Data from: Developmental constraints do not influence long-term phenotypic evolution of marsupial forelimbs as revealed by interspecific disparity and integration patterns
Martín-Serra, Alberto; Benson, Roger B. J. (2020), Data from: Developmental constraints do not influence long-term phenotypic evolution of marsupial forelimbs as revealed by interspecific disparity and integration patterns, Dryad, Dataset, https://doi.org/10.5061/dryad.900ng75
Marsupials show a smaller range of forelimb ecomorphologies than placental mammals, and it is hypothesized that this results from macroevolutionary constraints imposed by the specialised reproductive biology of marsupials. Specifically, the accelerated development of the marsupial forelimb allows neonates to crawl to the mother’s pouch, but may constrain adult morphology. This hypothesis makes three main predictions: (i) that marsupial forelimbs should show less interspecific disparity than their hindlimbs; (ii) that morphological integration within the marsupial forelimb is stronger than integration between limbs; and (iii) that these patterns should be strongest in diprotodontians, which undergo the most rigorous crawls as neonates. We use a three-dimensional geometric morphometric dataset of limb bones for 51 marsupial species to tests these predictions. We find that (i) marsupial forelimbs and hindlimbs show similar disparities, (ii) no clear differences in integration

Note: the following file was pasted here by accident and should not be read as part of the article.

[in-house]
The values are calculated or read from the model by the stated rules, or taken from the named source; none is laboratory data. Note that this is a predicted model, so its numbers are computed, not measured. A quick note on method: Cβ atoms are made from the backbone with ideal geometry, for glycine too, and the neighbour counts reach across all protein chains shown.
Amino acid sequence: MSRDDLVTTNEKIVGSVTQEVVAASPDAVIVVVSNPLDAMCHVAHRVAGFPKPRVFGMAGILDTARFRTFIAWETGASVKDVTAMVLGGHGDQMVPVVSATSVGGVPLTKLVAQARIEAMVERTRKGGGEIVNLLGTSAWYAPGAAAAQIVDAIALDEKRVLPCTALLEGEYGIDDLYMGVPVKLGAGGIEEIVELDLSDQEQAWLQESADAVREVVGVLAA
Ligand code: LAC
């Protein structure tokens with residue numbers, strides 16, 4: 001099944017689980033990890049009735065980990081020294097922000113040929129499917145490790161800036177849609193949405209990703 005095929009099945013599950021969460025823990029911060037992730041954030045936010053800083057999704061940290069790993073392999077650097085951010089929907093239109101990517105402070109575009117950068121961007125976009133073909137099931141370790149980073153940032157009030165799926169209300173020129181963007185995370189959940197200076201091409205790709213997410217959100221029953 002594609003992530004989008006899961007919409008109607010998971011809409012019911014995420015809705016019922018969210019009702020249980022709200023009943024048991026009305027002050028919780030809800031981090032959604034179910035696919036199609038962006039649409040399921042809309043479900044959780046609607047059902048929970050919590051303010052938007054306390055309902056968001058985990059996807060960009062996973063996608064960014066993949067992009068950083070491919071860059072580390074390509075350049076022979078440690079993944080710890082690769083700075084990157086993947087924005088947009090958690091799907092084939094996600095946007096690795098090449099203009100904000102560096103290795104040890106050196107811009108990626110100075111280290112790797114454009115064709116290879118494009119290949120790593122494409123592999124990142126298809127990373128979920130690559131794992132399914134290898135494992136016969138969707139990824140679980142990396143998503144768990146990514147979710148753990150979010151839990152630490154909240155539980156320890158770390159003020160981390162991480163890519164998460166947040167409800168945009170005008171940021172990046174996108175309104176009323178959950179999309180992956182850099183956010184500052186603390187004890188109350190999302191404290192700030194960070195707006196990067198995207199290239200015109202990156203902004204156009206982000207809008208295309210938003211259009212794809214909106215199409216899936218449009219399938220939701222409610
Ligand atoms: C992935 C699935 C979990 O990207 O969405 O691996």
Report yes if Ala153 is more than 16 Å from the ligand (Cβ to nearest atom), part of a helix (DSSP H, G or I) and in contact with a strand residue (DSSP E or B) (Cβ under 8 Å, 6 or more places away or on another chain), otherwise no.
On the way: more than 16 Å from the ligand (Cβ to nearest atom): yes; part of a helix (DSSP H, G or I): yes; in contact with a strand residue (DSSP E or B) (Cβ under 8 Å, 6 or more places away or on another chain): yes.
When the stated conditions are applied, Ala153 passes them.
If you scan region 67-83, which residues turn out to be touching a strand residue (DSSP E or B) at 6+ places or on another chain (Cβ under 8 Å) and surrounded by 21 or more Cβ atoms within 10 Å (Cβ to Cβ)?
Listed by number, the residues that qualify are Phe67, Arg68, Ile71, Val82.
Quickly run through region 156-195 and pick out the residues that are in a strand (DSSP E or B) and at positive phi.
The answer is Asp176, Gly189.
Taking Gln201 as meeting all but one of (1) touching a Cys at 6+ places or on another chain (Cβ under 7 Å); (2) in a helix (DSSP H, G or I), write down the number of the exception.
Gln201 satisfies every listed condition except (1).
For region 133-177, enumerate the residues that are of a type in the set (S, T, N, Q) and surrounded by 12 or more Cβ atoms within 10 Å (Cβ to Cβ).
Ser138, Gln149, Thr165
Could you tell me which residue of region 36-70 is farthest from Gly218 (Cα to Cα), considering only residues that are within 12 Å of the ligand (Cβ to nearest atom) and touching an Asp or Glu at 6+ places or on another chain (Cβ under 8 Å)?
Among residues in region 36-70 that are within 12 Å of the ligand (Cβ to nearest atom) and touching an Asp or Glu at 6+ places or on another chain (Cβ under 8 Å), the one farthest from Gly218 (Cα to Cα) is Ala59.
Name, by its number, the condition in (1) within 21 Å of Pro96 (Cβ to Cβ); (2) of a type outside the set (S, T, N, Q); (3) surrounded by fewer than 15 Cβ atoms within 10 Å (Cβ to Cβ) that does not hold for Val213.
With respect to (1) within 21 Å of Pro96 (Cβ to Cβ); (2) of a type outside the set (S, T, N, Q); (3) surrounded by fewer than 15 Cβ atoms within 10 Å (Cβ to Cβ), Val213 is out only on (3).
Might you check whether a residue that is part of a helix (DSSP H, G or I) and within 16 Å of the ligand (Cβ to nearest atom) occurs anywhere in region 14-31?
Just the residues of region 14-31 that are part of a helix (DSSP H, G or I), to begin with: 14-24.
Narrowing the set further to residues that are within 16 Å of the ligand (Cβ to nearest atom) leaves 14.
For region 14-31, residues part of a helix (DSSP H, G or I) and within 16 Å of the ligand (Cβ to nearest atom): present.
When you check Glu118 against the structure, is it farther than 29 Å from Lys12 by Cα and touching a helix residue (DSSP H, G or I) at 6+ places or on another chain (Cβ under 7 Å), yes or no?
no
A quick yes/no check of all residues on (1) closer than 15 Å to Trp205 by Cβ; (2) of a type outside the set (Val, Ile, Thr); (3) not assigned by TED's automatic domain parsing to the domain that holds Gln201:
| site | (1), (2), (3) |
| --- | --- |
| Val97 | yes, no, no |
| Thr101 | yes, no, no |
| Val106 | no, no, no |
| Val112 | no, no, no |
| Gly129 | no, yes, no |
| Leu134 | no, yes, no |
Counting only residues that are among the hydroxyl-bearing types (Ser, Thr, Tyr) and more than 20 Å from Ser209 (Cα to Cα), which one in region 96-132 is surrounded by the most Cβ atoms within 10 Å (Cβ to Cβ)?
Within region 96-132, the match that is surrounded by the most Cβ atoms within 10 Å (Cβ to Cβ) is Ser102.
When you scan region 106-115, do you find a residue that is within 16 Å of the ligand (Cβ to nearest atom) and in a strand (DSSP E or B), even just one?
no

exist either within or between limbs, and (iii) the same patterns occur in diprotodontians as in other marsupials, even correcting for lineage age. Therefore, there is currently little evidence that the developmental biology of marsupials has constrained their macroevolutionary patterns. Possibly, functional selection can overcome the effects of developmental constraint on macroevolutionary timescales. Our findings suggest that the role of developmental constraints in explaining the limited phenotypic variability of marsupials (compared with placentals) should be reconsidered.